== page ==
Pursuant to 28 U.S.C. § 2255, a prisoner may move the court to vacate, set aside, or correct a sentence if “the sentence was imposed in violation of the Constitution or laws of the United States, or . . . the court was without jurisdiction to impose such sentence, or . . . the sentence was in excess of the maximum authorized by law, or is otherwise subject to collateral attack.” 28 U.S.C. § 2255(a). The statute creates a one-year statute of limitations for such motions. Id. § 2255(f). When a petitioner seeks relief pursuant to a right recognized by a U.S. Supreme Court decision, the statute of limitations runs from “the date on which the right asserted was initially recognized by the . . . Court, if that right has been . . . made retroactively applicable to cases on collateral review . . . .” Id. § 2255(f)(3). The petitioner bears the burden of demonstrating that his petition is timely and that he is entitled to relief. Ramos-Martinez v. United States, 638 F.3d 315, 325 (1st Cir. 2011).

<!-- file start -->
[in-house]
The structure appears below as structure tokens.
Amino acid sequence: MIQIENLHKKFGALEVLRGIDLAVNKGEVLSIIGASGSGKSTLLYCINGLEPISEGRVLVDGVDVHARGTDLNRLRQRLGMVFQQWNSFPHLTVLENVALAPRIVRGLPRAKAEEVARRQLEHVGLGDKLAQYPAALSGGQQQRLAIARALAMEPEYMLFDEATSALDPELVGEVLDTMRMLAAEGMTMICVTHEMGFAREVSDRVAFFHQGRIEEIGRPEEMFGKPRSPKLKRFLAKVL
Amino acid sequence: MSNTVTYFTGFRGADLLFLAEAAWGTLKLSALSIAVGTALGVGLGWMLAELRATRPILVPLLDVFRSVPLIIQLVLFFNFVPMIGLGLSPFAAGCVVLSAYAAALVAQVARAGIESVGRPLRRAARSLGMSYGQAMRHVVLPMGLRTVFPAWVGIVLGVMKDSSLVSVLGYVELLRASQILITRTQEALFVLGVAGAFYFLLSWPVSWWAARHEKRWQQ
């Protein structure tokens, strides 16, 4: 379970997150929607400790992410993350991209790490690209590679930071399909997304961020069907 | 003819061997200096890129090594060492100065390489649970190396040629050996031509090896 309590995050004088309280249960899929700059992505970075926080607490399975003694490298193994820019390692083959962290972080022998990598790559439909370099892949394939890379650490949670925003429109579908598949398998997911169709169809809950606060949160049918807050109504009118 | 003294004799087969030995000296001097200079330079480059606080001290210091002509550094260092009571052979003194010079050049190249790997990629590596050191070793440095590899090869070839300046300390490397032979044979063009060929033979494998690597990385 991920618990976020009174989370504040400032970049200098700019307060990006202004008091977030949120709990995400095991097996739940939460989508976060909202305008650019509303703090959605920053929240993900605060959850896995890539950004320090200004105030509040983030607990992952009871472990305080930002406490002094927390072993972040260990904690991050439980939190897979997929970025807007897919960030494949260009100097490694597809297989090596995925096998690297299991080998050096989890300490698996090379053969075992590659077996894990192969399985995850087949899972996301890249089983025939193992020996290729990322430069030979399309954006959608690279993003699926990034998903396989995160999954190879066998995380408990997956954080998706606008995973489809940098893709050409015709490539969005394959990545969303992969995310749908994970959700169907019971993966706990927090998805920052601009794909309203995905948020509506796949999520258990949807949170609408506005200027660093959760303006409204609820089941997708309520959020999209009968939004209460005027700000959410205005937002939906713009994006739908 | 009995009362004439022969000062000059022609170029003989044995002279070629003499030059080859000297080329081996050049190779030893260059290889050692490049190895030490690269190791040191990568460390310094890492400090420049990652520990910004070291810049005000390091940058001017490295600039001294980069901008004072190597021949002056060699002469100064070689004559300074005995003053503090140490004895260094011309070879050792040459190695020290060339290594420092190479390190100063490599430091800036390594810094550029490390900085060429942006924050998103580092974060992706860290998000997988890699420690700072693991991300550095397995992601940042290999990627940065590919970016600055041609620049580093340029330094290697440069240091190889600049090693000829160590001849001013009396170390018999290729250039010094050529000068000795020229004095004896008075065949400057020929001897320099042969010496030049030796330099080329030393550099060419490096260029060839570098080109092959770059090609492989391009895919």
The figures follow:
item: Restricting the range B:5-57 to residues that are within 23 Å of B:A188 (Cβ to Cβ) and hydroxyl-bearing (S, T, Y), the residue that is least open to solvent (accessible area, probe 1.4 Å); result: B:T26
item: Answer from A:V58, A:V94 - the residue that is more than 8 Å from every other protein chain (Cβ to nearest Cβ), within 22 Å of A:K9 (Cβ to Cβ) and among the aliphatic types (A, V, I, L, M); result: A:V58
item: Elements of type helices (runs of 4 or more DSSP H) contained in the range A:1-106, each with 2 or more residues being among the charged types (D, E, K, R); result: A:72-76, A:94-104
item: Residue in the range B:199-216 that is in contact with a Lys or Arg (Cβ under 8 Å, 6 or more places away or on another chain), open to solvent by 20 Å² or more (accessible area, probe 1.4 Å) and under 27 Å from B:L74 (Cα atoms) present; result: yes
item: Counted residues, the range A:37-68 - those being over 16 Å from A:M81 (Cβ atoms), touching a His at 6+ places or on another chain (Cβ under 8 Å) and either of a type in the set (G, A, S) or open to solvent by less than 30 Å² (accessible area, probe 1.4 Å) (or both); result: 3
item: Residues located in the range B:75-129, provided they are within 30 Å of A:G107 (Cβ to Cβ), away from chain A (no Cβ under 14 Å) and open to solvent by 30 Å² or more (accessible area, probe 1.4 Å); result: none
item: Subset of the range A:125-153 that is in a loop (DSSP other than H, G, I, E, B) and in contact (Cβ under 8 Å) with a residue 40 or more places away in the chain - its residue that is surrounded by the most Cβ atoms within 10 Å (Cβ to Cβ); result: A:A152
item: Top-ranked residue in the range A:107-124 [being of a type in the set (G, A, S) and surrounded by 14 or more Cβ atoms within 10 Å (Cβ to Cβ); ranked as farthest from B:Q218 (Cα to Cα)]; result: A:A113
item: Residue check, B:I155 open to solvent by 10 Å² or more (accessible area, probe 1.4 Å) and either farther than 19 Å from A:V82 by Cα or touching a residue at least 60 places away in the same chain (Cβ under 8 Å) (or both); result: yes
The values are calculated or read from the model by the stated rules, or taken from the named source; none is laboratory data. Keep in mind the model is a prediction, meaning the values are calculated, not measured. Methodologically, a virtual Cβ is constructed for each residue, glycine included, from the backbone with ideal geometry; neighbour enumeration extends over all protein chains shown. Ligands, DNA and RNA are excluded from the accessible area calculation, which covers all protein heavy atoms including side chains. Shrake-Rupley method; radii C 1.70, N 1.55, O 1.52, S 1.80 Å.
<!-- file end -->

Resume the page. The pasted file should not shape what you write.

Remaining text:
III. Discussion

         In Johnson, the Supreme Court held that a portion of the ACCA's violent-felony definition, often referred to as the “residual clause, ” was unconstitutionally vague. 135 S.Ct. at 2557. The ACCA applies to certain defendants charged with unlawful possession of a firearm under 18 U.S.C. § 922(g), such as, in Avery's case, being a felon in possession of a firearm under § 922(g)(1). 18 U.S.C. § 924(e). Normally, a defendant convicted of unlawful possession of a firearm may be sentenced to a statutory maximum of ten-years' imprisonment. Id. § 924(a)(2). However, if a defendant has three prior convictions that constitute either a “violent felony” or “serious drug offense, ” the ACCA enhances the ten-year maximum sentence to a fifteen-year minimum sentence. Id. § 924(e)(1).

         The ACCA defines a violent felony as